Fixing the Security Past During a Journey to the Future
“Presume not that I am the thing I was”
— Henry IVth Part 2 5.5
What’s old is new again. I was reminded of this after reading the Cybersecurity Insiders’ 2019 Cloud Security Report produced in conjunction with ISC2. The report surveyed over 400,000 cybersecurity professionals. The key findings sound familiar.
The survey results show that the biggest cloud security challenges that businesses face are:
- Data loss / leakage (64%)
- Data privacy / confidentiality (62%)
- Legal and regulatory compliance (39%)
- Accidental exposure of credentials (39%).
The biggest cloud security threats are:
- Unauthorized access (42%)
- Insecure interfaces / APIs (42%)
- Misconfiguration of the cloud platform (40%)
Within operational security concerns, compliance was rated the most challenging (34%), followed by visibility into infrastructure security (33%) and lack of qualified staff (31%).
This brought to mind an incident I become involved with a few years ago. A cloud environment had been compromised and the organisation’s key IP had been exfiltrated over time. The question arose as to how the attackers had gained access into this environment in the first place. Working with an amazing D.F.I. team we looked at how this happened. The attackers had very successfully covered their tracks and removed all evidence of the zero-entry point. We could track the escalation and exfiltration, but not the entry.
What made this all the more impossible was that the management of both identity and access controls were spread over outsourced support teams, cloud administrators and internal administrators. So there was no single point of control. This obfuscation was a reflection of unplanned management of these key elements of security and made it an easy target for the attackers. It was not simply a technology shortfall, but a lack of process and confusion around responsibility.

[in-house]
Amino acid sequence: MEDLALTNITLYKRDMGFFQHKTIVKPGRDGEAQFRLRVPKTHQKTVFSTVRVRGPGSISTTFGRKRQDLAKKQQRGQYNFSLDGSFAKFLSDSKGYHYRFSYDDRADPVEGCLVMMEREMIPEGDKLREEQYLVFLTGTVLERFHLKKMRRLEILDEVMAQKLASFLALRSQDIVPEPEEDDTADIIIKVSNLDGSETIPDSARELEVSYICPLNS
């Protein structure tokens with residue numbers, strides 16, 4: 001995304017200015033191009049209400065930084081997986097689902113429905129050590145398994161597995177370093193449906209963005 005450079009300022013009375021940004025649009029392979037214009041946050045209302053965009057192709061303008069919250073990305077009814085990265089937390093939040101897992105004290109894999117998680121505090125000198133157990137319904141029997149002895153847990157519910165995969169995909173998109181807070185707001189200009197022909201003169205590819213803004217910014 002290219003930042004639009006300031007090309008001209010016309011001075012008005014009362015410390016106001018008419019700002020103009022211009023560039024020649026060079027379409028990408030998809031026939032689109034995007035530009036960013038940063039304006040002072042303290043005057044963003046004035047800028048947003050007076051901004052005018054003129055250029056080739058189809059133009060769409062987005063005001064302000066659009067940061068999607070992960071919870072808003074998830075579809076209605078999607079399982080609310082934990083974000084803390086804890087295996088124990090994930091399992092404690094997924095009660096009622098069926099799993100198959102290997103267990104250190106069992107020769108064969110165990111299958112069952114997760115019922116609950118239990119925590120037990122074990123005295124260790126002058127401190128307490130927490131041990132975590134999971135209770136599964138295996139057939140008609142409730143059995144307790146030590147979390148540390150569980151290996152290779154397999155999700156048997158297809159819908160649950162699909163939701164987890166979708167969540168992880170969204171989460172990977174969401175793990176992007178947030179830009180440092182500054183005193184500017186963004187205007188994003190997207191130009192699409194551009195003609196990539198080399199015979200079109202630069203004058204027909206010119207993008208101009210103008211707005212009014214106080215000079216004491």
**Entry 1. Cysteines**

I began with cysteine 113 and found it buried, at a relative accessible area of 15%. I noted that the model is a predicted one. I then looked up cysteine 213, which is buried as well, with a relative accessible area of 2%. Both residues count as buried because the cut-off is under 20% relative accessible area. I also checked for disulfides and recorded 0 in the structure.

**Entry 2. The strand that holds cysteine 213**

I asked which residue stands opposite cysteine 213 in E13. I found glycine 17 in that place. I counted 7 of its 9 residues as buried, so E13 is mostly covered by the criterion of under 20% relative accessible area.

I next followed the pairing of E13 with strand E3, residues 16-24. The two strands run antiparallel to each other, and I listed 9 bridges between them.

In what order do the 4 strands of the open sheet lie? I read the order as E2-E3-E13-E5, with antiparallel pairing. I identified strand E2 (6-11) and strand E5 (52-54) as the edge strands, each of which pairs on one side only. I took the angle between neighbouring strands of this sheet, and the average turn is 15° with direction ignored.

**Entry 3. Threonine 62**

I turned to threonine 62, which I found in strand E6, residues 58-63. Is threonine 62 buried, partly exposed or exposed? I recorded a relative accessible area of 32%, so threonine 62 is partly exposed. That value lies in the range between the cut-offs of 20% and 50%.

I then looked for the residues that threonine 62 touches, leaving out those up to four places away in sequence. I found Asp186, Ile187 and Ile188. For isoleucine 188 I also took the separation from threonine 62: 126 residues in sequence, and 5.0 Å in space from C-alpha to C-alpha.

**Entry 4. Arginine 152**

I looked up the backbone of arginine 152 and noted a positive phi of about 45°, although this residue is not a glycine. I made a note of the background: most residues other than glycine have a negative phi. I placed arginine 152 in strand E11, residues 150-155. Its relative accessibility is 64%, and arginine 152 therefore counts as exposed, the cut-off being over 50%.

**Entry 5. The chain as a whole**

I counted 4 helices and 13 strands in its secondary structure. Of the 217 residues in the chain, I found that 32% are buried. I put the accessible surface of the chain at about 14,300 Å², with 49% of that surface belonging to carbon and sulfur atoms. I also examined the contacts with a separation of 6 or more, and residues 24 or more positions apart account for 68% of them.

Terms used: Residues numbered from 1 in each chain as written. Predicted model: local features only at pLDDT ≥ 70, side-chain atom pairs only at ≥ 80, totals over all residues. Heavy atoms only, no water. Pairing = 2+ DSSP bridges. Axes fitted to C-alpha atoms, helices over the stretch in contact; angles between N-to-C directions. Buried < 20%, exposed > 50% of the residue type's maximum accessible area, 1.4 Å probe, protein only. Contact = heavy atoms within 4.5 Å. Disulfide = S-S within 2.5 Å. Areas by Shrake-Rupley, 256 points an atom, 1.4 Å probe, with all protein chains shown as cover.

Despite the efforts of some of the most talented people around, we could not identify the entry, and therefore we were unable to attribute who the attackers were or who was liable for the operational shortfall.
Securing the Cloud
Migration to cloud environments is a key driver in modern organisations as they look to optimize their operational IT. It provides a great opportunity for any CIO to work with their CISO to bring structure and control over the areas of identity and access management (IAM). It also is an opportunity to introduce proper authentication and develop an “IAAM” programme. Building a framework for this will enable any past confusion to be cleared up, as well as providing a clear path forward.
The first step is to understand the applications being moved and their risk profile. As the applications are migrated users are enabled on them, they should be managed within a new structure. A policy around access control can be developed against the risk profile. Controlled access will reduce the risk of lateral movement should there be a breach. Making sure that each user is properly authenticated dramatically reduces the chance of a compromised account being used for a successful entry into the cloud environment. Especially, for those with administrator rights. These steps should be built in to any migration programmes as essentials in an approach to security from the end-user to the application in the cloud
Looking back at the incident mentioned above I often wonder if it could have been prevented in the first place by a solid framework which covered the elements above. And, if in the unlikely event that a breach had occurred despite these protective measures, I am certain that the team would have been more than capable of tracking the initial entry through the additional data from all the authentication log files
Any transformation programme is a great chance to fix the errors of the past and build a more solid way forward for the future. It also enables the business case for security to be aligned with a case for the greater business change.
Let’s hope CIOs demand this as they go forward with the cloud migrations, like the Henry IVth character Prince Hal, presume that they don’t have to be the thing that they were and discard the ways of the past to meet up to their new responsibilities now and in the future.
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